• UPCOMING EVENTS: Irish Day, March 16; Grape Stomp and Street Faire, Oct. 5.; Day of the Dead, Nov. 3-4; and Open House, Dec. 6.
• DIRECTIONS: From Manteca: North on Highway 99; take Farmington Road exit and make a right onto Farmington/Highway 4; left on Murphys Grade Road; slight right onto Main Street.
• WEB: www.visitmurphys.com.
MURPHYS – She gathered my hand in hers as we traced our way through the Gold Country; traced our way back through time.
As we climbed higher and higher out of the Valley, the noise and static of our day-to-day life dropped off until...
There was nothing; nothing but the sound of anticipation and the wind in our window.
What would we do? What would we eat? Where would we stay?
She smiled at me devilishly, because only she knew the finer details of this adventure. This was her Valentine’s Day gift to me – a quick getaway to Murphys for some wine and fine dining.
Just her and I. No kids. No puppies. No bills, yard work, soccer games or gymnastics to pull us in opposite directions.
Only we weren’t alone.
The world turned its focus on Murphys last weekend, transforming this sleepy retirement community of about 2,000 into a pulsating, sometimes combustible, meeting of wine connoisseur and wine consumer.
Thousands lined Main Street for a two-day event known simply as Presidents Wine Weekend, toting their glasses and conversations from one tasting room to the next.
The event was hosted by the Calaveras Winegrapes Alliance and showcased the foothill’s very finest reds and whites.
We dabbled, of course. Our Saturday afternoon stroll went something like this:
We began at Chiarella, a family owned winery with a tasting room near Murphys Historic Hotel. Husband worked the lobby – pouring wine from one hand and clutching a broom in the other. His wife worked the bar and handled the money.
We moved on to Newsome-Harlowe for a few pours and left impressed more with the outdoor ambiance (read: fire pits, couches) than the wine itself. That’s no knock on their reds – the lounge was ahhh-some.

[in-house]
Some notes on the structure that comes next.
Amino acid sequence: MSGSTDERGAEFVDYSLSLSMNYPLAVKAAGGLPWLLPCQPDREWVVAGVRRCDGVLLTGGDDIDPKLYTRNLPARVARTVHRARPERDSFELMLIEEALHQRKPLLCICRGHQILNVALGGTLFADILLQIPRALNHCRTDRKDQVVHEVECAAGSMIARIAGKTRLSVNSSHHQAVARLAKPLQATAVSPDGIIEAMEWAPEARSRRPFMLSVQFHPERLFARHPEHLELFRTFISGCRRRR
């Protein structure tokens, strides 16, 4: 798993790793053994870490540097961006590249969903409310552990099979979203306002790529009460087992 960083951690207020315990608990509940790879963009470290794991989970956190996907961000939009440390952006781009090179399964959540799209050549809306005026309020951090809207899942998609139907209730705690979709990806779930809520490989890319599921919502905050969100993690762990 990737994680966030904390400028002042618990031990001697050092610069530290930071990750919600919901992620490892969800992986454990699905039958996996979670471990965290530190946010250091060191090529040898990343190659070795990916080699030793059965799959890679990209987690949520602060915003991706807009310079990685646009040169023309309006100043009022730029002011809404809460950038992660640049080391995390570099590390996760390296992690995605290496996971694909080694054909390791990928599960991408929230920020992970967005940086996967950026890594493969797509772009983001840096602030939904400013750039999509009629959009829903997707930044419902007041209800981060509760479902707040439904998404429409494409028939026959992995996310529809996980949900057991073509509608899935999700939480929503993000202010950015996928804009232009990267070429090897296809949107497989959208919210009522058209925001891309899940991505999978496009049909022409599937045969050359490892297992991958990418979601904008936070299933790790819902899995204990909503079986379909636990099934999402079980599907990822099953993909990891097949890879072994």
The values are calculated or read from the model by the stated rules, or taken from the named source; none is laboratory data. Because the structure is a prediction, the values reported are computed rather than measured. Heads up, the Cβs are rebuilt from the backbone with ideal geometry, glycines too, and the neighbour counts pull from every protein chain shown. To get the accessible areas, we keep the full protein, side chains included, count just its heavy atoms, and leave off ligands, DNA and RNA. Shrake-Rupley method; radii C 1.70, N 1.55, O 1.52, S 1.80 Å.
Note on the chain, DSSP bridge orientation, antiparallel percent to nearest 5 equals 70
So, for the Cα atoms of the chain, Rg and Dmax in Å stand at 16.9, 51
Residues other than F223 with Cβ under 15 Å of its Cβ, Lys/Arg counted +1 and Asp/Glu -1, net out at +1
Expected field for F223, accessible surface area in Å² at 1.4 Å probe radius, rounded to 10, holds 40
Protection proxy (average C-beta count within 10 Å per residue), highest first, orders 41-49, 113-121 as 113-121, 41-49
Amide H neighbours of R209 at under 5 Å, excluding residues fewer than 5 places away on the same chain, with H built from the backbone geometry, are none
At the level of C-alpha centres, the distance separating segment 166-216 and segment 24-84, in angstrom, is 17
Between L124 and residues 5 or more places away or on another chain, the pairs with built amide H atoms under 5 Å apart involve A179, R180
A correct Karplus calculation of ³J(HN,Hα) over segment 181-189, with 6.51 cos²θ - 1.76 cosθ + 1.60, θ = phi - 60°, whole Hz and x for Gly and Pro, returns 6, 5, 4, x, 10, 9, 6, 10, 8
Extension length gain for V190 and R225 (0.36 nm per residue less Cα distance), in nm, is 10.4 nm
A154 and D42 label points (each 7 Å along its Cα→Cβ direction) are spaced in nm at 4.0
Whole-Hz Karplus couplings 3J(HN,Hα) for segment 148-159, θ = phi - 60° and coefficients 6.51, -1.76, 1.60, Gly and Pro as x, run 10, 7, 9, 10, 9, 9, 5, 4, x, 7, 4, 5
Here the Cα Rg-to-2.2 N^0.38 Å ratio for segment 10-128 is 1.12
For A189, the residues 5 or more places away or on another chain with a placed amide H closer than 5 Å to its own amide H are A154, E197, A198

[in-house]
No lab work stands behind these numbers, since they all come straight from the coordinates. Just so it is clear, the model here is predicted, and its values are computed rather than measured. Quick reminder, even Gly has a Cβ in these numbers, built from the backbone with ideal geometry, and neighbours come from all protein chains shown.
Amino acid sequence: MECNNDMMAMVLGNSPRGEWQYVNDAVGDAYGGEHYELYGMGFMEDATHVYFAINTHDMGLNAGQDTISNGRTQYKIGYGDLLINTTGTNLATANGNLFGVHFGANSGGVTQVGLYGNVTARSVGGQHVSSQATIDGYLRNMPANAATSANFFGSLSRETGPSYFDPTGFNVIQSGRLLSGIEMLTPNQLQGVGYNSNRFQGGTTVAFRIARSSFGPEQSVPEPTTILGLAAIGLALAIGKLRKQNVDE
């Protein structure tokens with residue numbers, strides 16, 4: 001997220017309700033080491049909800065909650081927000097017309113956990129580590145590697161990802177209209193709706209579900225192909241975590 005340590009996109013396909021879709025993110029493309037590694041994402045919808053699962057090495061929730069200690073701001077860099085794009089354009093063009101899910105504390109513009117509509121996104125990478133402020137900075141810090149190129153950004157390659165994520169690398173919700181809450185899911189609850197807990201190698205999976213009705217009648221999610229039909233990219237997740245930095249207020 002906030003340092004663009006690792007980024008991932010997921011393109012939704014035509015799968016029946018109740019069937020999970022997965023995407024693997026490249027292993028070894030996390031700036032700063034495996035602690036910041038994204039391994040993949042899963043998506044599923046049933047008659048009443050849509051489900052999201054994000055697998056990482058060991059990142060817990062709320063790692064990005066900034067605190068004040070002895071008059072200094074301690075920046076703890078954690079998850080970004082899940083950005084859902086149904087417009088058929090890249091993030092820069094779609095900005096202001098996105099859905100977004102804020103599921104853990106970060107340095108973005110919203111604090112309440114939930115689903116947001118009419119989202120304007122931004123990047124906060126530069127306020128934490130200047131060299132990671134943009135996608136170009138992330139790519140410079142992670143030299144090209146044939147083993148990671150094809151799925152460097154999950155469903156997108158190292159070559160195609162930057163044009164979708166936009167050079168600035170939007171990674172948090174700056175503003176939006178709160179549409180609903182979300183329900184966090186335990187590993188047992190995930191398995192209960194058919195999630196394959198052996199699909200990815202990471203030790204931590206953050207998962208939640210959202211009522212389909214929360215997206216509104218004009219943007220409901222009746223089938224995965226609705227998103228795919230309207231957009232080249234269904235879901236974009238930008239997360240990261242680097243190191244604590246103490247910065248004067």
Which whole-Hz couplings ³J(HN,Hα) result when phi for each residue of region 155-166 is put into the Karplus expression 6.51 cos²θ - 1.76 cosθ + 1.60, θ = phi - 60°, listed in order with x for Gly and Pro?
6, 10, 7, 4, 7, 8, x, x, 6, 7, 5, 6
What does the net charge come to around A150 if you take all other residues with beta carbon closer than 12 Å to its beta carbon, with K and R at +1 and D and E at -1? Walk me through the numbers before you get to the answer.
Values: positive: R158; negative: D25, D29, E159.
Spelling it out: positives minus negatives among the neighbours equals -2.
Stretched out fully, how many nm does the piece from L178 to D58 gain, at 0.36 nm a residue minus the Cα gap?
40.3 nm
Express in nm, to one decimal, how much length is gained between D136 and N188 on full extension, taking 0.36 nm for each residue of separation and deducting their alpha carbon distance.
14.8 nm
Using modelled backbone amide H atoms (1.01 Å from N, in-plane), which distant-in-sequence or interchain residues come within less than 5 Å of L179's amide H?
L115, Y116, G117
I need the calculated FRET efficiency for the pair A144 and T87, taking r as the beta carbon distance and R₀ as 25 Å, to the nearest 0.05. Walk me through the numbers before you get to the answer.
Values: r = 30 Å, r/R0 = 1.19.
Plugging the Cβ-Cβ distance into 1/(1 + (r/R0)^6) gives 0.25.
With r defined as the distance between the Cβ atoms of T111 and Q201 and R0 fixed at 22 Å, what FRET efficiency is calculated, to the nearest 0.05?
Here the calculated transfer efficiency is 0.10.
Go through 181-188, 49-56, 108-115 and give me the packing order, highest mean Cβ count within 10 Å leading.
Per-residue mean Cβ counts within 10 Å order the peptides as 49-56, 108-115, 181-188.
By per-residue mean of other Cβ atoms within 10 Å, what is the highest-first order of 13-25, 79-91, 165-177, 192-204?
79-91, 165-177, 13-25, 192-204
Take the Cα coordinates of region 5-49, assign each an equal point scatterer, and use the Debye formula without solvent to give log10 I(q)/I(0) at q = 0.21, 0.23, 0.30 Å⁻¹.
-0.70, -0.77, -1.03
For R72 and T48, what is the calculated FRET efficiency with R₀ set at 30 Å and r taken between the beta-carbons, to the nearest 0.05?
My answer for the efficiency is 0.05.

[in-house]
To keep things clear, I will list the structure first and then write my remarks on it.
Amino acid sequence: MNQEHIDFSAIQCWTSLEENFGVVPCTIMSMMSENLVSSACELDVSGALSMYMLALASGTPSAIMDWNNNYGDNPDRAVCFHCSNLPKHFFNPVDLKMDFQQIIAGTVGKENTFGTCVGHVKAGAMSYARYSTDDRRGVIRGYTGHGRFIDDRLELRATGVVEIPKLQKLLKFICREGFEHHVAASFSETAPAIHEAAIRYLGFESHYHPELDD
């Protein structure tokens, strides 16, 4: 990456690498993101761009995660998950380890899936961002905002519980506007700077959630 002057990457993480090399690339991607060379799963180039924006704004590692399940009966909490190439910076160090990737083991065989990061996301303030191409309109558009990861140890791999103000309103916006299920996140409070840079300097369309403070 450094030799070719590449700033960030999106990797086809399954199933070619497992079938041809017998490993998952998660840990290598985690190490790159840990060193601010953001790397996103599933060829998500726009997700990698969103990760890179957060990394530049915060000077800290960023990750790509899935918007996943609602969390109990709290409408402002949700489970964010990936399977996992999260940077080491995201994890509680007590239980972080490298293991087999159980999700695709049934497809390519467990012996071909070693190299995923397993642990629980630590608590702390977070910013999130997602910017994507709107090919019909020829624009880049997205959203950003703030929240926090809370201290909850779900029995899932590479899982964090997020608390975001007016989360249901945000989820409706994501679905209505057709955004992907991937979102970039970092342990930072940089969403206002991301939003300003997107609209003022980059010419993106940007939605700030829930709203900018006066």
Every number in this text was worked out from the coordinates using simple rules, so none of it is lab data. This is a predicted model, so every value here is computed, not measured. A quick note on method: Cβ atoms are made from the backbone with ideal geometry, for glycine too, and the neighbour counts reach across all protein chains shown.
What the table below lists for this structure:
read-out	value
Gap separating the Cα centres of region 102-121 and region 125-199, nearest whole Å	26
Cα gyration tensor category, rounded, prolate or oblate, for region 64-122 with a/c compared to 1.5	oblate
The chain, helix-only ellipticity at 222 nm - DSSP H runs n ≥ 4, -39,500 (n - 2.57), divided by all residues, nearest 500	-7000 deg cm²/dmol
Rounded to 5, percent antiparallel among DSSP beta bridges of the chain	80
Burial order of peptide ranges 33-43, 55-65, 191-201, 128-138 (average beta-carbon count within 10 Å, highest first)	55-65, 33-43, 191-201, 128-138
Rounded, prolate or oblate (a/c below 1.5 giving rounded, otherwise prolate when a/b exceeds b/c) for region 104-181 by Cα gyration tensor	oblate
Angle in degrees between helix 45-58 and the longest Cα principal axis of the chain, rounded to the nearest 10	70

Our afternoon took off at Twisted Oak, where a sign near the bar seemed to set the mood. It read: Wine in, secrets out.
True to form, the room was alive with chatter and big-belly laughter. We met a local couple that introduced us to Twisted Oak’s signature draw: The Potty Mouth, a peppery, award-winning red.
We later paired our wine with chocolate at Frog’s Tooth and then enjoyed a front-yard atmosphere at Hovey Winery’s downtown home. All that was missing were Red Cups and a horseshoes pit.
At 5 o’clock, we dipped into Zucca Mountain Vineyard’s three-level tasting house for an after-hours glass. We were seated in the courtyard by a fire pit, where we recounted the successes (Twisted Oak, Newsome-Harlowe) and failures (wine-stained shirt, purple lips) of our stroll.
We left shortly before noon on Sunday, just as Main Street began to fill with the Day 2 crowd.
Couples young and old collected in the nooks and sitting areas, waiting for the shops and taste rooms to unlock their doors. A steady stream of cars and trucks roared off Highway 4. And though we were all reminded of how fragile and fleeting life can be – an early morning fire gutted Renner’s Winery, shaking the tight-knit community – there was a familiar sense of anticipation and excitement in the air.
We vowed to come back, drunk off the charm, slow pace and isolation the “Queen of the Sierra” had shown us.
And there’s good reason to come back.
Wine Weekend marked the beginning of Murphys’ event calendar.
On March 16, Main Street will be blocked off as revelers and vendors paint the street green for Irish Days. Locals are bracing for tens of thousands of visitors.
Then there’s the Grape Stomp and Street Faire on Oct. 5, the Day of the Dead celebration on Nov. 3-4, and Murphys’ Open House – a Christmastime celebration – on Dec. 6.
In other words: Three very good reasons to leave the noise and static of your day-to-day life on the Valley floor.
If only for a night.
— JAMES BURNS
209 staff reporter